State of the Hogs: Broyles Book

If you think you've seen every Frank Broyles picture, you haven't. There are vast quantities to be seen in the new picture book of Broyles available at NWA Media.

Just when you thought you’ve seen every picture of Frank Broyles, there’s a new, big batch. Tubs full, actually.

I looked at Chip Souza’s mission back in August with a tip of the cap. Good luck, and holler if you need any help along the way.

Well, there was a call a few weeks later. I wrote the foreword for the best collection of Broyles pictures ever — more than 260 of them in a 125-page slick production that is the perfect Christmas present for Razorback fans: An Arkansas Legend, The Life & Legacy of Frank Broyles.

Souza took all of those tubs of photos, both from the newspaper archives and from the Broyles family scrapbooks, to build a wonderful coffee table book. I will cherish mine, presented this week by NWA Media advertising director Crystal Costa.

It was Crystal’s idea. I told her this week that I wish I had come up with it. The execution was as good as the idea, including the chapter introductions by both NWA Media publisher Rusty Turner and Souza.

There are cherished family photos, clippings and photos from Frank’s playing days at Georgia Tech, then the mother lode of Broyles photos from his days as coach. If you can imagine it, it’s probably there.

There are several with Frank in the tower, where he coached during practices. There are action photos from the 1964 championship season with many of the stars, including Jim Lindsey, Ken Hatfield and Jimmy Johnson.

There is a double handful of photos of trusted assistant coaches like Wilson Matthews and Merv Johnson from the glory years of Arkansas football. I turned to Johnson for definition on what Broyles meant to the state of Arkansas and the UA in general.

“What Frank did at Arkansas is incredible, from winning games in football, building facilities as coach and athletic director and hiring coaches,” Johnson said. “He put Arkansas on the map, in everything. You look at all the men he recruited or hired — all of those who won national championships and Super Bowls – and all those that have been successful in business, it’s a record no one can match.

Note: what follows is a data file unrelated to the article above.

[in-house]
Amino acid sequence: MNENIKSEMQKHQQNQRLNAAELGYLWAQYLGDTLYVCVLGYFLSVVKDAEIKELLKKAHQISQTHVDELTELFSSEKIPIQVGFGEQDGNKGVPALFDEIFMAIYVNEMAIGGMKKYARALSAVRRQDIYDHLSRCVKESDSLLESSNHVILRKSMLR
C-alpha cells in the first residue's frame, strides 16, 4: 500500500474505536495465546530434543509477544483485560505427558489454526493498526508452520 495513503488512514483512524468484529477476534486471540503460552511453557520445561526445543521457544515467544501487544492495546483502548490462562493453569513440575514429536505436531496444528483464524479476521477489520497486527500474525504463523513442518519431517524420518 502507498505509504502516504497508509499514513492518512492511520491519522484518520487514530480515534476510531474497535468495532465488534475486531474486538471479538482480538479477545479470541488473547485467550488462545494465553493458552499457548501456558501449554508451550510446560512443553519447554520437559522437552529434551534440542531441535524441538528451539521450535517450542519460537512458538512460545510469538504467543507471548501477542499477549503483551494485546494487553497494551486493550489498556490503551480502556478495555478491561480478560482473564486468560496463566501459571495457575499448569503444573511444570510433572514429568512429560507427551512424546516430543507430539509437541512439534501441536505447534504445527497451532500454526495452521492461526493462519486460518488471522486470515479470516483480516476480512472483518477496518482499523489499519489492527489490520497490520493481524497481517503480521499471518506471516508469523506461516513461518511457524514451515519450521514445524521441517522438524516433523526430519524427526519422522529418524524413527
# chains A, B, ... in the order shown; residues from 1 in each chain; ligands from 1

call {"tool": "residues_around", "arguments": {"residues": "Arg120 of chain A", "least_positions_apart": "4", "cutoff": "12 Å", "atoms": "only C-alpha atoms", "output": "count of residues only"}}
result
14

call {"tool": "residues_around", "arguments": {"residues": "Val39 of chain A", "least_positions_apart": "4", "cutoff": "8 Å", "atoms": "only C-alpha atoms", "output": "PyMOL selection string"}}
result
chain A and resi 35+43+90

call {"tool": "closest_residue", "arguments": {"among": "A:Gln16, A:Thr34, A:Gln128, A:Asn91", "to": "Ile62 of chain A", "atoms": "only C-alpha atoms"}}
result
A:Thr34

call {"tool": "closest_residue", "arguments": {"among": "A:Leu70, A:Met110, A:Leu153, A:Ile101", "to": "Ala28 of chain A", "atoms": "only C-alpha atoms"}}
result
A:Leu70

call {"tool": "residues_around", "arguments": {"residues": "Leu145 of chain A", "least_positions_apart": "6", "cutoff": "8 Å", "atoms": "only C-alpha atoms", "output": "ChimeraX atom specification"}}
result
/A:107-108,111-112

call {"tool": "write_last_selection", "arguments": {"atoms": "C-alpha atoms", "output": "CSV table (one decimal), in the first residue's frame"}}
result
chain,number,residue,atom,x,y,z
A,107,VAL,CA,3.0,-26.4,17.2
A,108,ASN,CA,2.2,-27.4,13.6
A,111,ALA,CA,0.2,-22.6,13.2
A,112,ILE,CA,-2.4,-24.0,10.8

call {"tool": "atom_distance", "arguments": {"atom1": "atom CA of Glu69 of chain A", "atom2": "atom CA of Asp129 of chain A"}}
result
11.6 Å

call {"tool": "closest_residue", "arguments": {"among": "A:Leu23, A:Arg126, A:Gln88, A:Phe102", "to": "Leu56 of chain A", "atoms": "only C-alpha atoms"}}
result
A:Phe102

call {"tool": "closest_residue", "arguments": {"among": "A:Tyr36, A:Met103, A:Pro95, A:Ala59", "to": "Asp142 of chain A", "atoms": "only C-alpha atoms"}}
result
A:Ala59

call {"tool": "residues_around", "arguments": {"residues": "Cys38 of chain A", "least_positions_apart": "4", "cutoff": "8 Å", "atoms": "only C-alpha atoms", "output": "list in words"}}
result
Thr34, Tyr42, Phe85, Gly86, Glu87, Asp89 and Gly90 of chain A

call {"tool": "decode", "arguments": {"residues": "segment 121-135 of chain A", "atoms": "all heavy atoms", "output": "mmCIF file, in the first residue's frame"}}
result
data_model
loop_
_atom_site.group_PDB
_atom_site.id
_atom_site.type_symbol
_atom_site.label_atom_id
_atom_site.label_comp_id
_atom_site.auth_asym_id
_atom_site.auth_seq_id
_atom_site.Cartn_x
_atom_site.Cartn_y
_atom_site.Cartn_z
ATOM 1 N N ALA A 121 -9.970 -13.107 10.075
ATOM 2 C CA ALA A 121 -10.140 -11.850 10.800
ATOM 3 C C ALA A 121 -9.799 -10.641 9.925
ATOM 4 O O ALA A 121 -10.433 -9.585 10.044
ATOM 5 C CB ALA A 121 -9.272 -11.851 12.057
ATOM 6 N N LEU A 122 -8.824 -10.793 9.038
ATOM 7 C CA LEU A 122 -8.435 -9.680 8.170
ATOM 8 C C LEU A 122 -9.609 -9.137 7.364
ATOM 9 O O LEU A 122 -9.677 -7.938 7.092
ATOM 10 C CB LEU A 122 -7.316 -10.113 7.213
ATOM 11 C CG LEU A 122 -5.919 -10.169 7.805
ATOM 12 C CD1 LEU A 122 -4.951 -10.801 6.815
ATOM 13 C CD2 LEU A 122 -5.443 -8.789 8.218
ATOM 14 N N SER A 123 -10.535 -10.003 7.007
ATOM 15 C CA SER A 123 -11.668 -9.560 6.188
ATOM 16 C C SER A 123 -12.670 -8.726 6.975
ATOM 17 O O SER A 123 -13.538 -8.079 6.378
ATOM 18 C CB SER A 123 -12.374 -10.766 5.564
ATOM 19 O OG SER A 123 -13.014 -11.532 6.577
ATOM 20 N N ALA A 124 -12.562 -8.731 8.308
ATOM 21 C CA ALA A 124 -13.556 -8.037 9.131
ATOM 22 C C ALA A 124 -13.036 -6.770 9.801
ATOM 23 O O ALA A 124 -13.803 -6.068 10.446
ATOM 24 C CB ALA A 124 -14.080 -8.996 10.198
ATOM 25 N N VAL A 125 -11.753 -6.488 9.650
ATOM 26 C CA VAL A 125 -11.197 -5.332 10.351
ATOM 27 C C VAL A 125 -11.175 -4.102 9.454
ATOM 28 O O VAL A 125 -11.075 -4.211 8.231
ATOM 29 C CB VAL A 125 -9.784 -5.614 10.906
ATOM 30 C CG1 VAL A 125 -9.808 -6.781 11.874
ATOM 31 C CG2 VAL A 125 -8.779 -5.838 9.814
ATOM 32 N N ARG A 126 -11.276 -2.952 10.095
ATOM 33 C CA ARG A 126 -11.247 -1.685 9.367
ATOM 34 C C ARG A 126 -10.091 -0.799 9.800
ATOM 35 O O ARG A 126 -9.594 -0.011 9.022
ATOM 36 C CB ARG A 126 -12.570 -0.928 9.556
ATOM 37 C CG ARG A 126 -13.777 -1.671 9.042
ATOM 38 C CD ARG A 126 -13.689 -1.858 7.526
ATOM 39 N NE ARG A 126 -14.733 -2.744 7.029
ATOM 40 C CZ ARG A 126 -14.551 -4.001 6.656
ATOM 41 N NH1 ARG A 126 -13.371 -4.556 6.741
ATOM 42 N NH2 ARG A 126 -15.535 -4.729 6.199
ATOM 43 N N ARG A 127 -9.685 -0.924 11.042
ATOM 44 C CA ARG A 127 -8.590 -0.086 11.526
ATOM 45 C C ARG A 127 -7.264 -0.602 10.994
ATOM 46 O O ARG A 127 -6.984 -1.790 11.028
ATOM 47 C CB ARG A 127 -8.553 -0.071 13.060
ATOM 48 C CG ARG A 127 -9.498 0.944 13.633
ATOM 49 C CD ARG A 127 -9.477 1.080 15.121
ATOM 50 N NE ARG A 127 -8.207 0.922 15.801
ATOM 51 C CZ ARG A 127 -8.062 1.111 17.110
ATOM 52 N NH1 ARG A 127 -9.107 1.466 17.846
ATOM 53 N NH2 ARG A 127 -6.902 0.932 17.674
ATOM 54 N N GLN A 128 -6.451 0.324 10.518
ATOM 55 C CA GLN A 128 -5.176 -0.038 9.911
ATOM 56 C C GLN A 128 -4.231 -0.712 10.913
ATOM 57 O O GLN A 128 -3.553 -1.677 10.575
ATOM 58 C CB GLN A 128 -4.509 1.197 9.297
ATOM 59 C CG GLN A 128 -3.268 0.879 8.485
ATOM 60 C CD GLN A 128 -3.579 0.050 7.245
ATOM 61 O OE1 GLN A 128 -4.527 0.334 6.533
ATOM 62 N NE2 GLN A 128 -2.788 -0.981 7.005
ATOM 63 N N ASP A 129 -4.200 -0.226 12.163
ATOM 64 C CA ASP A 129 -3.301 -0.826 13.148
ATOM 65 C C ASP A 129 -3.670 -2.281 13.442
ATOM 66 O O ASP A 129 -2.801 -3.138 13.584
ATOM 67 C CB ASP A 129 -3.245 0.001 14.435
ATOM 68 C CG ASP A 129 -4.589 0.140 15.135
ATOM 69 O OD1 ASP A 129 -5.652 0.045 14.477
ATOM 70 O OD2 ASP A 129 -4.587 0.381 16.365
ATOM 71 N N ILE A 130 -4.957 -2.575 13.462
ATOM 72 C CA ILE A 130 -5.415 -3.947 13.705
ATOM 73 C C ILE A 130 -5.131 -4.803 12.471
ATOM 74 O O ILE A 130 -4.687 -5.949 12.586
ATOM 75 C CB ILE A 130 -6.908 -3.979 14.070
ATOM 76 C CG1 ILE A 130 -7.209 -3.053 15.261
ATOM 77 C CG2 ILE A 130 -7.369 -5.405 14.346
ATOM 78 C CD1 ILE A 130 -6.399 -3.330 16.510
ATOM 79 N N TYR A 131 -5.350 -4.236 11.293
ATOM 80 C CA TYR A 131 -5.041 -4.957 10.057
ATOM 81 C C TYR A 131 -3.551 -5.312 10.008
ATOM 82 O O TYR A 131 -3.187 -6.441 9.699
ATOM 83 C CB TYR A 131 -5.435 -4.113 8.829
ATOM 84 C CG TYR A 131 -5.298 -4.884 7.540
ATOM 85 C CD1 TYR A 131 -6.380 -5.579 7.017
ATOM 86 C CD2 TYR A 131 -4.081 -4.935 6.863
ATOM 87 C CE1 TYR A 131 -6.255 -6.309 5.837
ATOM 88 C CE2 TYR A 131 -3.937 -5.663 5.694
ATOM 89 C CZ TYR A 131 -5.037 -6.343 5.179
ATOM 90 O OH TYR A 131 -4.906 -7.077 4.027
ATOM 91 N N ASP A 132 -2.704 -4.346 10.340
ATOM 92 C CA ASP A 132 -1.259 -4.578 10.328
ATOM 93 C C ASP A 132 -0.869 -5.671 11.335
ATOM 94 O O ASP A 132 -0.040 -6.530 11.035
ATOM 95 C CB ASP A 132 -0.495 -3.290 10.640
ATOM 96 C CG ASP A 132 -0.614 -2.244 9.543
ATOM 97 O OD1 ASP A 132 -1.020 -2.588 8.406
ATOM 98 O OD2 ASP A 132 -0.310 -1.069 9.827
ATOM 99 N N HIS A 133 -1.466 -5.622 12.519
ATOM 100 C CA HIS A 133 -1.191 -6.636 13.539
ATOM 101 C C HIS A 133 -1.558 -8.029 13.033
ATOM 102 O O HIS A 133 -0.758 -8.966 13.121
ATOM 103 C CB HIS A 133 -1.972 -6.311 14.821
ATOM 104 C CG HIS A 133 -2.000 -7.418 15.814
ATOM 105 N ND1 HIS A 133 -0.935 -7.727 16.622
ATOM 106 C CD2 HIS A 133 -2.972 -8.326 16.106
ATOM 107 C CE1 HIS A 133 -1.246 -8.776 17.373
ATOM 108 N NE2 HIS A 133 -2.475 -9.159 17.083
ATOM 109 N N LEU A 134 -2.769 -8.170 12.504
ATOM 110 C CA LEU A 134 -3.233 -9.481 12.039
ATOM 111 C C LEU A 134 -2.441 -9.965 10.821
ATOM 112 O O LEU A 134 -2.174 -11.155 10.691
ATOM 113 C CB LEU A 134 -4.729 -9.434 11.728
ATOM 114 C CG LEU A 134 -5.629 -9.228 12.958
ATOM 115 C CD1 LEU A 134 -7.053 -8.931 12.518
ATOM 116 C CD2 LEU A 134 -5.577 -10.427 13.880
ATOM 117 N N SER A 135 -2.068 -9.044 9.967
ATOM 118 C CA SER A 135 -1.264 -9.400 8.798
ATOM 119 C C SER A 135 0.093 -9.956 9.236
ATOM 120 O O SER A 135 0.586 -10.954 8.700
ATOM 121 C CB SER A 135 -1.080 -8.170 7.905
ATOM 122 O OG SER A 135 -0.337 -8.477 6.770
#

“Most importantly, Frank did it with class, dignity and character that you don’t see everywhere. There is no telling how many tried to hire him — some to run companies — and he never left, or probably even thought seriously about leaving.”

The timing of the book is perfect, and chronicles just exactly what Merv described. It’s been 50 years since the Razorbacks won the national crown in football, in Broyles’ seventh of his 19 seasons as head coach. That ‘64 team is featured prominently, but I enjoyed just as much the press clippings from his high school days and as a triple threat collegian at Tech.

I turned the page quickly when there were a few pictures of Frank coaching Missouri players during his cup of coffee in Columbia. Gosh, what I saw in those pictures and what I saw Friday at Faurot Field, nothing much has changed.

I don’t blame Frank for not unpacking. I know it would look better than that had he stayed. They would have some place to do post-game interviews other than an unlighted tent for the visiting media, as I found last week.

Fund raising and his days of rebuilding the Arkansas facilities are all there in the book. There’s Frank with the architect’s model of a far-out look for Razorback Stadium, best left in that stage in another of his grand decisions as athletic director.

The book, priced at $39.95, is available at the NWA Media offices. It’s a must for this Christmas. For those not in the area, is the place for on-line orders.

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